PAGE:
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March 10, 2023

What to expect in Washington (March 10)

President Biden released an FY2024 budget proposal March 9 calling for $3 trillion in deficit reduction including through tax increases on corporations and wealthy individuals like a previously outlined quadrupling of the Inflation Reduction Act (IRA) stock buyback excise tax from 1% to 4% and billionaire's tax to impose a 25% minimum tax — higher than the previously proposed 20% — on total income, inclusive of unrealized capital gains, for taxpayers with wealth of greater than $100 million.

The White House had earlier in the week previewed the proposal to prolong the Medicare Trust Fund through provisions that include increasing the Medicare tax rate on earned and unearned income above $400,000 from 3.8% to 5%, similarly increasing the Net Investment Income Tax (NIIT) rate to 5% for those above that income threshold, and expanding the tax to include business income, as well as income from investments, wages, and self-employment. The application of the NIIT to business income, which was in the House BBBA, and increase in the rate would raise $650 billion in additional revenue.

The 5% NIIT rate combined with the proposals for a 39.6% highest individual tax rate and taxing long-term capital gains and dividends of taxpayers with taxable income of more than $1 million at ordinary income rates could result in capital gains and dividend rates as high as 44.6%. The Budget continues to call for other tax provisions that fell out of the Build Back Better negotiations that eventually led to the Inflation Reduction Act, including raising the corporate tax rate to 28%, taxing carried interests as ordinary income, and repealing deferral of gain from like-kind exchanges.

The Budget is a blueprint for the President's preferred policies irrespective of their chances of being enacted, and generally is intended to strike a contrast with spending cuts called for by House Republicans, which may not be detailed until their budget resolution is released in May. (Many of the proposals couldn't pass the last all-Democratic controlled Congress and stand virtually no chance in a divided government.) The tax proposals collated from Biden's first Budget (FY 2022), the House BBBA, and last year's Budget (FY2023) that presumed enactment of the BBBA demonstrate significant revenue-generating potential. Overall, the FY2024 Budget includes $4 trillion in net tax increases, which is more than the $2.5 trillion in the FY2023 Budget, but that baseline assumed passage of the House-passed BBBA.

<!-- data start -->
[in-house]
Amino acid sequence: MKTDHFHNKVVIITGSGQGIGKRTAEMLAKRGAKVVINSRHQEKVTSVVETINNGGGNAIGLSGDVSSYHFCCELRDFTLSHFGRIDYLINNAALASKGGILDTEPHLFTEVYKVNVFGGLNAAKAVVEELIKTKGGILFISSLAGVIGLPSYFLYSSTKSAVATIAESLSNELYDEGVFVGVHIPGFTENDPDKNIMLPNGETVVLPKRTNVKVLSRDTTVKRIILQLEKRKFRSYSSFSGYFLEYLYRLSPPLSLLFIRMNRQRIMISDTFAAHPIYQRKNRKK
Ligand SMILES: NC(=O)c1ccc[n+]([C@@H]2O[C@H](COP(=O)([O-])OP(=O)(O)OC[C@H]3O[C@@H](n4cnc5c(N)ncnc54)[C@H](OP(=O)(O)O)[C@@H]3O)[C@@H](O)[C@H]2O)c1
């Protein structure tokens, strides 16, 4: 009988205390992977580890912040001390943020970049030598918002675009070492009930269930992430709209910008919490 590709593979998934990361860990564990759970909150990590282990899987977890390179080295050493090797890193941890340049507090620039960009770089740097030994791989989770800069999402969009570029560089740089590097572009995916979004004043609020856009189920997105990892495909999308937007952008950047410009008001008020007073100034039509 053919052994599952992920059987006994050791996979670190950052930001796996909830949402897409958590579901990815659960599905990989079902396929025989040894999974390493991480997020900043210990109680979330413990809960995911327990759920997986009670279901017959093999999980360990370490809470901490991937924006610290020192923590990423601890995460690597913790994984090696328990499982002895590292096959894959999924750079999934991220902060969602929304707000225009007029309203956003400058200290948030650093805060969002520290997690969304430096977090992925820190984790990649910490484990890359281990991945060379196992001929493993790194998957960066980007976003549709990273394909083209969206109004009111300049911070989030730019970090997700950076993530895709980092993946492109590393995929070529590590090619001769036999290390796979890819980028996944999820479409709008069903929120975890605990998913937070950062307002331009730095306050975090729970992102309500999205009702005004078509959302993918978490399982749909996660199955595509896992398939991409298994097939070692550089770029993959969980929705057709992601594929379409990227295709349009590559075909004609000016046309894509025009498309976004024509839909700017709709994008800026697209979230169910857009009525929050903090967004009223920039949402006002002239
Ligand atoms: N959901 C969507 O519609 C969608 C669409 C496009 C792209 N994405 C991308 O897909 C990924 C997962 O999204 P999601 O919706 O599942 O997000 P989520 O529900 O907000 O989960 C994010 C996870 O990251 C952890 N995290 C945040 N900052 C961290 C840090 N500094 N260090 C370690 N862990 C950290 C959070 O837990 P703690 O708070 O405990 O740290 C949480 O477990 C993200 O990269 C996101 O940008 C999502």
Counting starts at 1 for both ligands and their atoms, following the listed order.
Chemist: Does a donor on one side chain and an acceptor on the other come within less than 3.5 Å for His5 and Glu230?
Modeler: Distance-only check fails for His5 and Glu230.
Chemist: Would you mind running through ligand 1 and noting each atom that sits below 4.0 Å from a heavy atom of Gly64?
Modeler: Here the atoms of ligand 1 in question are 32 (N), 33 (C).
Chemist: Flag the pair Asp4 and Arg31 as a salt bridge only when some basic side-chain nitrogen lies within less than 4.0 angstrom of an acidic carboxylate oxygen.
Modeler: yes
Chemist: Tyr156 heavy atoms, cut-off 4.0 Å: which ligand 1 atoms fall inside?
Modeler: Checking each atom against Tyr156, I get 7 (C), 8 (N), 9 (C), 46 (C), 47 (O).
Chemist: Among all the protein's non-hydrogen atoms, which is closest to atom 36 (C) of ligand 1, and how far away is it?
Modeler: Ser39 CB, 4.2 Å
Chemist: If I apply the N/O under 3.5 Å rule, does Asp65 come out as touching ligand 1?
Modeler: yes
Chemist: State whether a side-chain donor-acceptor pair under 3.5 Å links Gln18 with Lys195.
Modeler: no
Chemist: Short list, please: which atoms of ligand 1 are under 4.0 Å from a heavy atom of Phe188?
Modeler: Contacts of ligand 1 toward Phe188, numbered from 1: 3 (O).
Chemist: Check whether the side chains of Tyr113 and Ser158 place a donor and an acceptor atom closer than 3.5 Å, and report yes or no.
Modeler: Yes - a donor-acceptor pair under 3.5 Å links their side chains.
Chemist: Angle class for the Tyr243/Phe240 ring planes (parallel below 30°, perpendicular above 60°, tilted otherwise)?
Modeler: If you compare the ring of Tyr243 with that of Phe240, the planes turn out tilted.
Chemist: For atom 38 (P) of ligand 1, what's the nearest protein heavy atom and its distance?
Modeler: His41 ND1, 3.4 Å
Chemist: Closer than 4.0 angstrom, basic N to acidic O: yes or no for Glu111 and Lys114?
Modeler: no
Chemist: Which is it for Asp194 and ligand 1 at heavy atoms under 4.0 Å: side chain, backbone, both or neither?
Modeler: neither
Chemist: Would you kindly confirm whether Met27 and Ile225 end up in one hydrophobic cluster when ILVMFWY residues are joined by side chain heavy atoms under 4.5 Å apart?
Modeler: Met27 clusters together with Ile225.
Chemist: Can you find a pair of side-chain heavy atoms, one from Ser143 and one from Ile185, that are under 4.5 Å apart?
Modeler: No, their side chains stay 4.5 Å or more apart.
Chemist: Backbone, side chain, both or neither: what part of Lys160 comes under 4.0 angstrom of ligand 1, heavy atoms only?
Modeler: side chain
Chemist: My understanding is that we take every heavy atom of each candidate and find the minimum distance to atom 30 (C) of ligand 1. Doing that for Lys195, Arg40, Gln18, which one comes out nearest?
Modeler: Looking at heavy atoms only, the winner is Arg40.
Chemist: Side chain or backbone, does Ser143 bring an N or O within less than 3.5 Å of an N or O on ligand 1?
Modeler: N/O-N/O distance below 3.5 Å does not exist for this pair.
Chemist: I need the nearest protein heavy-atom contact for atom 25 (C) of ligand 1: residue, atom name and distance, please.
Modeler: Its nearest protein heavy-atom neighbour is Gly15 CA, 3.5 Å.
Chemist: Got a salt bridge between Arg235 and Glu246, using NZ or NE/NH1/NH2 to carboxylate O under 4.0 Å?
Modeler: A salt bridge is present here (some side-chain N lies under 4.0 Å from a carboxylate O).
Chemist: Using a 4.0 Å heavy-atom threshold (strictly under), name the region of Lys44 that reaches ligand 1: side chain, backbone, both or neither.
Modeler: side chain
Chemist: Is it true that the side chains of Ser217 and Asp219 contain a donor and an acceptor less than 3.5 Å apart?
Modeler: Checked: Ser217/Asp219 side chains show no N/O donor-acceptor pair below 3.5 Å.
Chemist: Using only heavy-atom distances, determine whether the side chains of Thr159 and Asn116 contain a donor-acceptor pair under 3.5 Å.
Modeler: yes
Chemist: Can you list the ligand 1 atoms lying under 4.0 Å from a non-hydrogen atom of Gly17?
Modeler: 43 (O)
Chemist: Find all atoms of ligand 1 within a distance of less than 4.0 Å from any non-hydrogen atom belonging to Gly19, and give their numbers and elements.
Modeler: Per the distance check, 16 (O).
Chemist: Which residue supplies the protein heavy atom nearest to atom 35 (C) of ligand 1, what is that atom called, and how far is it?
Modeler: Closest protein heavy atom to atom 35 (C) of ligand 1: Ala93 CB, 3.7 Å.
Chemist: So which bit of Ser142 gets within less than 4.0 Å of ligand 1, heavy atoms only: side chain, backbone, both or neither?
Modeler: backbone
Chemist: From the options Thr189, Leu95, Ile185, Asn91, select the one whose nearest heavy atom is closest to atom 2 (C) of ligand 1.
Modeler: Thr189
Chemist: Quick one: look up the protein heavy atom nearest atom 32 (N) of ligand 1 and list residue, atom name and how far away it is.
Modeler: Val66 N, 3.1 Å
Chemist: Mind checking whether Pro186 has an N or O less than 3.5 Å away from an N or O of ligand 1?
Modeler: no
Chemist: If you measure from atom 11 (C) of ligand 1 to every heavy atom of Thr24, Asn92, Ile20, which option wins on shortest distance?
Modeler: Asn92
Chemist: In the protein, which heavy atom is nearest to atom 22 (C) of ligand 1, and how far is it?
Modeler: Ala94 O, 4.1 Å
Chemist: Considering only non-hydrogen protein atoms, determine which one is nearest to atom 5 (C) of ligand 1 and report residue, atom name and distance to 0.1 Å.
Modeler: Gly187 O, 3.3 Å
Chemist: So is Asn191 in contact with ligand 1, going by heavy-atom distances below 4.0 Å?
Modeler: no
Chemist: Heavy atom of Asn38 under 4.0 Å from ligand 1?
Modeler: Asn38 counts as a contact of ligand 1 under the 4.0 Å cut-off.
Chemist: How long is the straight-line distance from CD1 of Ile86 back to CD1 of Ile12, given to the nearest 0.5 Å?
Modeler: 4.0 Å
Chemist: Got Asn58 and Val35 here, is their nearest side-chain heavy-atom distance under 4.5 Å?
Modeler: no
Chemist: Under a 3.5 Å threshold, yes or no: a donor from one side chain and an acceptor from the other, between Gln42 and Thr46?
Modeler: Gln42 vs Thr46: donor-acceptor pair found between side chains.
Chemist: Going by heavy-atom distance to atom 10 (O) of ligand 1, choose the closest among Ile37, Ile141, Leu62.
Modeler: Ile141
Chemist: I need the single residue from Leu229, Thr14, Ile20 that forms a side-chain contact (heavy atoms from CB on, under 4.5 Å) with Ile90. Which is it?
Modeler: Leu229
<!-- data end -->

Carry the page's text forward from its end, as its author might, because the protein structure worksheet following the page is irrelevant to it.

The proposal to prolong the Medicare Trust Fund through an expansion of the program's taxes and a NIIT increase demonstrates the President's commitment to health programs at a time when he and other officials are insinuating that the as-yet-unspecified spending cuts House Republicans are calling for in the debt limit debate could envision clipping some public health benefits.

The Washington Post listed "Biden has a plan for Medicare" as one of seven takeaways from the Budget. "This looming Medicare shortfall has alarmed experts for years. But the White House had not proposed a solution until now. The plan would give the administration authority to negotiate what price the federal government pays for more drugs than the limited number approved as part of Democrats' legislative package last year, while also increasing taxes on people earning more than $400,000 per year. The administration says its proposal would extend the solvency of Medicare for at least 25 years," the report said.

All of these policy issues will increasingly be up for debate in Congress. Treasury Secretary Janet Yellen will appear for the customary post-Budget hearings at the House Ways and Means Committee today, March 10, and Senate Finance Committee next Thursday, March 16. The Budget includes GILTI and other changes reflecting the OECD-led global tax agreement, which Republicans have targeted for scrutiny.